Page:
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to the immediate special agency of the Spirit, and which, every reader, at first sight, will perceive, are to be classed among our voluntoy exercises. “The fruit of the Spirit is love, joy, peace, long-suffering, gentleness, goodness, faith, meekness, temperance: against such there is no law.""

In the existence and play of these, and their kindred voluntary exercises, by which the soul turns away from earth and sin to God and holiness, consists the very essence of spiritual life, and accordingly, the Apostle has noticed this circumstance in immediate connection with his enumeration of the fruits of the Spirit. "And they that are Christ's have crucified the flesh with the affections and lusts. If we live in the Spirit, let us also walk in the Spirit, not being desirous of vain glory, provoking one another, envying one another." With the exact method by which the Holy Spirit, awakens and elicits those affections or dispositions which influence and determine our choice and actions, we are unacquainted. We know not how one spirit acts upon another, yet do we every day attempt to affect the hearts of those with whom we have much intercourse. And no one thinks it to be altogether a vain attempt. It is by mind and spirit acting on mind and spirit, that all the mighty movements among mankind are effected. Appropriate instrumentalities however, are employed. It is by the feeling uttering of our own thoughts, or the manifestation of emotions, which agitate our own soul, that we affect others. This is all we know in the matter, And the utmost that we know of the Spirit's influence on our hearts, is that it is "by the word"— "through the truth." But if through consciousness we can discover in ourselves the various voluntary exercises of faith, love, repentance, hope, fear, and the like, which are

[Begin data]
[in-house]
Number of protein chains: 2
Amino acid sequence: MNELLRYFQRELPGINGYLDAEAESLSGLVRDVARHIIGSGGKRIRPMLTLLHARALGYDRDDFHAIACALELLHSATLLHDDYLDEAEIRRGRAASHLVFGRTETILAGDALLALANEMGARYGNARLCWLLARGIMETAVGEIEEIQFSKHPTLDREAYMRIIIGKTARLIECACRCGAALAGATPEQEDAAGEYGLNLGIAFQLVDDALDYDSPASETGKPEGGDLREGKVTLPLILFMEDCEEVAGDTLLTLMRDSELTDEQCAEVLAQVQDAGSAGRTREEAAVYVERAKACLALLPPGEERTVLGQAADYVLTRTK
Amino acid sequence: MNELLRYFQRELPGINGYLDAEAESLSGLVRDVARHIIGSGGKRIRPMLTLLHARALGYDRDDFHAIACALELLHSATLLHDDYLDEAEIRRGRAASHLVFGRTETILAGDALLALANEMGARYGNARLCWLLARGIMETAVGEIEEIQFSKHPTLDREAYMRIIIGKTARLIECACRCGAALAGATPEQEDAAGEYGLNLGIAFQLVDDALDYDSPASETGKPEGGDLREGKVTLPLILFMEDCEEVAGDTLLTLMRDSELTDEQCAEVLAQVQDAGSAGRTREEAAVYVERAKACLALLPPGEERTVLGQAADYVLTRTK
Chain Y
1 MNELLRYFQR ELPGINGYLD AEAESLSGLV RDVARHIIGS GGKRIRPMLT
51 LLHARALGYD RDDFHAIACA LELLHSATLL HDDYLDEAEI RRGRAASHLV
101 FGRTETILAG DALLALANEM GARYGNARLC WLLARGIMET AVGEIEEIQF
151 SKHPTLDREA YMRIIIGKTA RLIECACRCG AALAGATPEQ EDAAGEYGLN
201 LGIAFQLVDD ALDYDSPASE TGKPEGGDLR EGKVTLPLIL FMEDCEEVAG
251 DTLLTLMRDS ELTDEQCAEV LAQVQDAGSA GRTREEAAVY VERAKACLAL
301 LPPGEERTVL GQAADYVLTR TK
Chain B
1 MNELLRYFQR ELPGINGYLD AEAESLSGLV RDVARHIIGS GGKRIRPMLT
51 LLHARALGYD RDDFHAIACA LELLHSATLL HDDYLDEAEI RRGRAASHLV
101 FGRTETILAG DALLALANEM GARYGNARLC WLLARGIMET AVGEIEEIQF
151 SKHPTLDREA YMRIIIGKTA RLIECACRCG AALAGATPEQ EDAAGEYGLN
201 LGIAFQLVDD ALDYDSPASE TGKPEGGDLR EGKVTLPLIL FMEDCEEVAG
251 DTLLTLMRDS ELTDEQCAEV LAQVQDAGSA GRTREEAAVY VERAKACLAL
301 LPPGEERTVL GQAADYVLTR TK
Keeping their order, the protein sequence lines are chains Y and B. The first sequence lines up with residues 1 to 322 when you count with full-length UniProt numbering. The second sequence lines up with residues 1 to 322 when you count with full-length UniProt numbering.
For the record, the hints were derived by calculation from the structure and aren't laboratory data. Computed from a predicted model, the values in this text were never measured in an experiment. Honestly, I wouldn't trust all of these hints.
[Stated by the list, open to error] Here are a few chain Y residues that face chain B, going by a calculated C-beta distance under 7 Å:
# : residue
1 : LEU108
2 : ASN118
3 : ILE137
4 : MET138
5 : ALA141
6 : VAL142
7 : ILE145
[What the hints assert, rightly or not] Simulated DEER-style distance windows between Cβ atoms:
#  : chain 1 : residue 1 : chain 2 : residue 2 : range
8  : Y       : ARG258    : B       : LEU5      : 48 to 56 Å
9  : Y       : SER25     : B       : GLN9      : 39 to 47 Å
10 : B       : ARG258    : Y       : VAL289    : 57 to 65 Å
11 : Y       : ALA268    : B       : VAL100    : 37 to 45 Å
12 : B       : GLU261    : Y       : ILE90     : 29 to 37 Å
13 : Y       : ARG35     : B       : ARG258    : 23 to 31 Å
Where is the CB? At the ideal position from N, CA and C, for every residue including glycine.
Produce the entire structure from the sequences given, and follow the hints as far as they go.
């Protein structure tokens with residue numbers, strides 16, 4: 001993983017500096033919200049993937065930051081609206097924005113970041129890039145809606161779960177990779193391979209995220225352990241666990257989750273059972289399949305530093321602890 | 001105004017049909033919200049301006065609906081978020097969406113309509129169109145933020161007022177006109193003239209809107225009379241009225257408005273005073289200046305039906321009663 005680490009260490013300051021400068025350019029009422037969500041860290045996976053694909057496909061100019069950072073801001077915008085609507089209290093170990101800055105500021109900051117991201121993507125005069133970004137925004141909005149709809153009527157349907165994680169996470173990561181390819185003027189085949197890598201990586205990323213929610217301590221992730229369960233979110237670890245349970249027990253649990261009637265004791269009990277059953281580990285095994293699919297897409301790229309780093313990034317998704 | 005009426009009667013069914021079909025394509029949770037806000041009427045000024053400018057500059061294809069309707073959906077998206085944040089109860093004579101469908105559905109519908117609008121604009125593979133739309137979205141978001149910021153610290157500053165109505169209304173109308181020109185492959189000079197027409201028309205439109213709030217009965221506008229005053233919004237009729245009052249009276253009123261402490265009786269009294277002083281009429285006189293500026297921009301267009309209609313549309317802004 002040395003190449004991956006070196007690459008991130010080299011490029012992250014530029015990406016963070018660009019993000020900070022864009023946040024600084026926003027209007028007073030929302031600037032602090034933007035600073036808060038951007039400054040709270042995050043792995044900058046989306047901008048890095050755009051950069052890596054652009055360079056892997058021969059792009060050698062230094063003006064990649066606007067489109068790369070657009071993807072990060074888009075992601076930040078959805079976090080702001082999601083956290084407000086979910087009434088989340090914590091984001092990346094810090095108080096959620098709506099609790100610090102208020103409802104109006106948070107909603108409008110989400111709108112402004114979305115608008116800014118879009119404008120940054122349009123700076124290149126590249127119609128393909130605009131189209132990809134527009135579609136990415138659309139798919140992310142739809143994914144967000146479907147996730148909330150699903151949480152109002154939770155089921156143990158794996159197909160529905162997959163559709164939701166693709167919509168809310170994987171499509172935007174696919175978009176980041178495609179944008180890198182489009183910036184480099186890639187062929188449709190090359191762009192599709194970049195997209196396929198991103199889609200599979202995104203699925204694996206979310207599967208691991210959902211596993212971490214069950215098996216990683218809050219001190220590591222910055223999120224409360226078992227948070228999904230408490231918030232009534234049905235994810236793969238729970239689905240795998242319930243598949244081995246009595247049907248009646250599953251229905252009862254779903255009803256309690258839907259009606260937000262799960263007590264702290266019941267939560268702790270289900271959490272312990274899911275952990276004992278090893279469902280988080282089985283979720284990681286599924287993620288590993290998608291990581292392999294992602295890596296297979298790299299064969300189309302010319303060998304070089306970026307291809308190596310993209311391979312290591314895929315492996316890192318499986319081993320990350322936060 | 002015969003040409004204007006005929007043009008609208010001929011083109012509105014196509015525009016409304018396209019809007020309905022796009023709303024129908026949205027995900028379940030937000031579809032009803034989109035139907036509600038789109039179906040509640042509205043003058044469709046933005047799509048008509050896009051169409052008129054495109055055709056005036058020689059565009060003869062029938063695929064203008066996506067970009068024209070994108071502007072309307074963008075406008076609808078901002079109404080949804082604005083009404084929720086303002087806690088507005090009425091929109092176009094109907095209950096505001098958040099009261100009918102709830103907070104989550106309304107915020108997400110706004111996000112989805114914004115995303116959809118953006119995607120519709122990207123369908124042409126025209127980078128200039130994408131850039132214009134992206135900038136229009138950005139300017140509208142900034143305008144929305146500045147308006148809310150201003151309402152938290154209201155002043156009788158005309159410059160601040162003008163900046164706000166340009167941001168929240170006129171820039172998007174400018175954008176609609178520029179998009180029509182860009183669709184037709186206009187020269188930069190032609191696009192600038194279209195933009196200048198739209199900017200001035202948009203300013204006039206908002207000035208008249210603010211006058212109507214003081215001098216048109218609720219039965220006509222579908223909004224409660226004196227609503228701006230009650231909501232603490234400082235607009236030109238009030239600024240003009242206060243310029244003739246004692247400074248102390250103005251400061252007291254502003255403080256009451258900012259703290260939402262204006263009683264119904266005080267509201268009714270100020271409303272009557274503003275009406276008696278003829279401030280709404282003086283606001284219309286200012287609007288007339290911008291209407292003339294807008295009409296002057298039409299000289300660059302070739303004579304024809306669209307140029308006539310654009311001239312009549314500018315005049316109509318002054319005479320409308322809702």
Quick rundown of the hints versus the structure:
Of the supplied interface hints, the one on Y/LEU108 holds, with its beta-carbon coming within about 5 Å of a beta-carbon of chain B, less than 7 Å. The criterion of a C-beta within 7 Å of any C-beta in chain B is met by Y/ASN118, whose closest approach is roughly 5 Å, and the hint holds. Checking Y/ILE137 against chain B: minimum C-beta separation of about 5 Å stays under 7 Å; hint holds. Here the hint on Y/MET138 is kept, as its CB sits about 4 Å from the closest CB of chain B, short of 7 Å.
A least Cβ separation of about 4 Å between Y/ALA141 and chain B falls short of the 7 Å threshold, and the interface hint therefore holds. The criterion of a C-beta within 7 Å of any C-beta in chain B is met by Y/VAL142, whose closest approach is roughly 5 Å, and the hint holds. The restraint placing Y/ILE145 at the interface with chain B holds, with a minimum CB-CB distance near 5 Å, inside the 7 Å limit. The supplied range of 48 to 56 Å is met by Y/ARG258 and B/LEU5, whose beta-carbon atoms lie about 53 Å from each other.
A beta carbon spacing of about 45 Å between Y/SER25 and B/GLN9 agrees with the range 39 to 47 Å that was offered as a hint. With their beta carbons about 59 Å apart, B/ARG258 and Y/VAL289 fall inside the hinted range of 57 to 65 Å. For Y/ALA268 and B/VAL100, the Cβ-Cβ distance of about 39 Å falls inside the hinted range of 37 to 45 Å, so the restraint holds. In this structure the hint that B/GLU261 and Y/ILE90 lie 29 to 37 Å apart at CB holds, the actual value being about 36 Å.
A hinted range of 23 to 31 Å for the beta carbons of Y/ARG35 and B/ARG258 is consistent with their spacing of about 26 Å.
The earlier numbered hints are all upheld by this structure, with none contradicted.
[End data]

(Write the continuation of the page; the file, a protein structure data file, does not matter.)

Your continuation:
1. Gal.v. 22--23.

2. Gal. v. 24, 25, 26.

described in the sacred Scriptures, as the fruits of the Spirit, we have evidence full and satisfactory of the reality of that special agency by which the sinner is first translated from darkness into light, and being prepared for glory. We have the witness of the Spirit with our spirits, that we are the children of God. Neither sophistry nor ridicule can destroy the evidence of the fact, while such exercises continue. And hence it is, that the simple honest-hearted christian, who has had a vivid experience, whose affections have been excited, and, through the various channels in which they flow, been directed to God in Christ, as His Father and Redeemer,-possesses in himself the witness, which is of more value and efficiency, than all the arguments and philosophy of the wise and learned. “ He that believeth, hath the witness in him, self.' His experience corresponding with the delineation of gracious principles and affections given in the sacred Scriptures, the result of the Spirit's special agency, furnishes him invincible proof of its reality in his own